Of all of the ideas on stimulating job growth and small business in Florida, this ranks as one of the best -- should Florida voters approve a November referendum. Amendment 10 to the state constitution, also known as the Tangible Personal Property Tax amendment, proposes to reduce the tax burden on the smallest businesses.
Companies pay the TPP tax on machinery, furniture, computers, signs, supplies and other equipment, though currently there is a $25,000 exemption. The amendment would eliminate the tax on businesses with less than $50,000 in taxable property value.
The amendment also provides local governments -- counties and cities -- with the flexibility to grant additional TTP tax relief to attract business investment.
Lakewood Ranch-based developer Pat Neal has been leading Gov. Rick Scott's campaign on this amendment since he first proposed the idea to the governor in May 2011.
Neal chaired Florida TaxWatch last year and directed the nonprofit and nonpartisan research institute's study into the issue. Those findings helped propel the proposal through this year's Legislature and onto the November ballot.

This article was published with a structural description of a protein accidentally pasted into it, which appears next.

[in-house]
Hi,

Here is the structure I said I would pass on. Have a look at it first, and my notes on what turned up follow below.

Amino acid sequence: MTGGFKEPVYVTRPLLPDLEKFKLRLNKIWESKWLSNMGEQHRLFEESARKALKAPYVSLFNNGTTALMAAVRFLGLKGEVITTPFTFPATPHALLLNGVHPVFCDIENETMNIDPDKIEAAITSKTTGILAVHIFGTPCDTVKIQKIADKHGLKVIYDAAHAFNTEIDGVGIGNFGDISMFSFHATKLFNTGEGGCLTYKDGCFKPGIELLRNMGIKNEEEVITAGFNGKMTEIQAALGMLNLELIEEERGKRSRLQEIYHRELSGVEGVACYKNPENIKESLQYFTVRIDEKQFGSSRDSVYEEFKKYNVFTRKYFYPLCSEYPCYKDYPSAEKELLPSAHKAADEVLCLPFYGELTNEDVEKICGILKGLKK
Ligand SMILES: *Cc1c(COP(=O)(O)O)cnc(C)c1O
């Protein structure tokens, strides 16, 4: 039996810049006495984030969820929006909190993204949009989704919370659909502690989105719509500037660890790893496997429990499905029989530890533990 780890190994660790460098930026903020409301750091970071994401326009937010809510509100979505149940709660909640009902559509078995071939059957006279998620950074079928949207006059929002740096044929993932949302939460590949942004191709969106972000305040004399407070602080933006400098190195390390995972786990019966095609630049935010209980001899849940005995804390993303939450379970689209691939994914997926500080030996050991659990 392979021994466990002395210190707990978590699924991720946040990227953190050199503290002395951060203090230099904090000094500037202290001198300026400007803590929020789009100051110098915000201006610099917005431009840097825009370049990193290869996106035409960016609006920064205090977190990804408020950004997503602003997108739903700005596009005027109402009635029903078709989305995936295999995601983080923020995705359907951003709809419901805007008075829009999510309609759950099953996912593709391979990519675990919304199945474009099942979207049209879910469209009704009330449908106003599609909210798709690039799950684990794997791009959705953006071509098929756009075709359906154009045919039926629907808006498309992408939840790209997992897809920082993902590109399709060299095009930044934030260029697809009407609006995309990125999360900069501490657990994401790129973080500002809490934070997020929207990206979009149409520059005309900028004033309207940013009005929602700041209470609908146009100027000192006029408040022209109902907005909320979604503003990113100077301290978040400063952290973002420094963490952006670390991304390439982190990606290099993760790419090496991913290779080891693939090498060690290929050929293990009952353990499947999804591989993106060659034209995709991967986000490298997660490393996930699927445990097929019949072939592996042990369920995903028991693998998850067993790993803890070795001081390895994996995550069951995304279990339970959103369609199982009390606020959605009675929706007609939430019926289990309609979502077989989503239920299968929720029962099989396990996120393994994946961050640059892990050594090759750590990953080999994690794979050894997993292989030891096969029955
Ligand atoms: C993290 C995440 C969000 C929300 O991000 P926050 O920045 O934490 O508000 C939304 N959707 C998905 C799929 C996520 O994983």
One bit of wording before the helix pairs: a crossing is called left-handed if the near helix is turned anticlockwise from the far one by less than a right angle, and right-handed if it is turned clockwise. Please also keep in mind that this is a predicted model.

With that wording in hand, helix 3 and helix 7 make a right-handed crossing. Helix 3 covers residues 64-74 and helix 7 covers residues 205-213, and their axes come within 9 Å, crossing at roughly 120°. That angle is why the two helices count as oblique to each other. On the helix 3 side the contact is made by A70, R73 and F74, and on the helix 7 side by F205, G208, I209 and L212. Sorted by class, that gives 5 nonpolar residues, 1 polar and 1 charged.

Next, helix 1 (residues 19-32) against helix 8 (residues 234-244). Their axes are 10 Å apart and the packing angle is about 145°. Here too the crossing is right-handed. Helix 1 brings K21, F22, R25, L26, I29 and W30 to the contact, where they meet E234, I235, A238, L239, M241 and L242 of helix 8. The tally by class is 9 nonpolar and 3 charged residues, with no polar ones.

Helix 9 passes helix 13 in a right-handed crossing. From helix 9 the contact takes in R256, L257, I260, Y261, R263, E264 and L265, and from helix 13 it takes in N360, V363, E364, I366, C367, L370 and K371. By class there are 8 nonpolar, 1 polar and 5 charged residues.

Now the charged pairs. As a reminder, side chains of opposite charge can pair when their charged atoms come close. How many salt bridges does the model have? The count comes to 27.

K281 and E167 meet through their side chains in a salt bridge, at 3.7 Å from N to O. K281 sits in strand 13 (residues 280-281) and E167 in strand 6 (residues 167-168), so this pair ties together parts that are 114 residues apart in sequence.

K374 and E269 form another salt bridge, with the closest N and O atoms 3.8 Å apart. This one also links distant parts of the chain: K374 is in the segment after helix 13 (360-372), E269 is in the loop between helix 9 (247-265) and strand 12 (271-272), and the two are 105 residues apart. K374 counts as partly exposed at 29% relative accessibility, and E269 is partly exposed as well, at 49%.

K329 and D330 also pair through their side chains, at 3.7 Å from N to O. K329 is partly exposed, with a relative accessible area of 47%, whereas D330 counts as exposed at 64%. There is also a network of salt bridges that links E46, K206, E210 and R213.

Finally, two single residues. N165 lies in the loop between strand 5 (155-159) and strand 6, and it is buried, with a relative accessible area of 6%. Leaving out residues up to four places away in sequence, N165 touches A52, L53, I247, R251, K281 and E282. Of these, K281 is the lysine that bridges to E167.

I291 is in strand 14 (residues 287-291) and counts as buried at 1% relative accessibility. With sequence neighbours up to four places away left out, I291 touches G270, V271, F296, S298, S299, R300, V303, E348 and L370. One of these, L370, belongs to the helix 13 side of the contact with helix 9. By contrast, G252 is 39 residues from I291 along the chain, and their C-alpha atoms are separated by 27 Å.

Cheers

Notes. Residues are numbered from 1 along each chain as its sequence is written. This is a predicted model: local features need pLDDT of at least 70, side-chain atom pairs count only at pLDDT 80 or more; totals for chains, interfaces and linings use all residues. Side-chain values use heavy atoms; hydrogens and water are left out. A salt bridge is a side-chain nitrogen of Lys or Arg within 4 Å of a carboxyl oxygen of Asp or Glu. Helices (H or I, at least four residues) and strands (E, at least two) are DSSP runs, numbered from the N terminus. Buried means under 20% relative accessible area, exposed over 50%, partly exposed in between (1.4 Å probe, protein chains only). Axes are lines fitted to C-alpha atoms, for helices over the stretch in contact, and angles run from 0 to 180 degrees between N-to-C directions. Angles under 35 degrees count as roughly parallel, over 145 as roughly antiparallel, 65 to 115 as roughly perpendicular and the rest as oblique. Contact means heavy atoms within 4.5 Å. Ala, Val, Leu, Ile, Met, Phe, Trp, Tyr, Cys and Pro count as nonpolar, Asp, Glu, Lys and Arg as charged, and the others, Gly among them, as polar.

Florida TaxWatch determined that 156,000 businesses would qualify for the new exemption out of the 300,000 companies now paying the tax, saving $20.1 million in the process.
That amount would be taken out of the coffers of county and city governments, school districts and special districts, forcing those entities to either raise other taxes or further reduce spending.
But the long-term potential for this tax break outweighs the loss -- by stimulating job growth through business expansions and relocations, which that would then result in new revenues.
The revenue loss is not that great for Manatee County, only amounting to $190,000 in the exemption's first year, 2014. Significantly, the Florida Association of Counties, which calculated the tax loss for each county, supports passage of the amendment.
Statewide in 2011, the TPP tax raised $1.8 billion -- with the $20.1 million in savings only a small percentage of that total.
Florida TaxWatch projects the amendment's passage would spur the creation of 3,000 jobs annually in certain fields. In this shaky economy, the Sunshine State needs the competitive advantages that the tax exemption will bring.
Neal, a former state senator and the owner and chief executive of Neal Communities, is leading the campaign for passage through a task force that is mounting a publicity effort. We wish him success in this endeavor. Small business needs the boost.
We support passage of Amendment 10.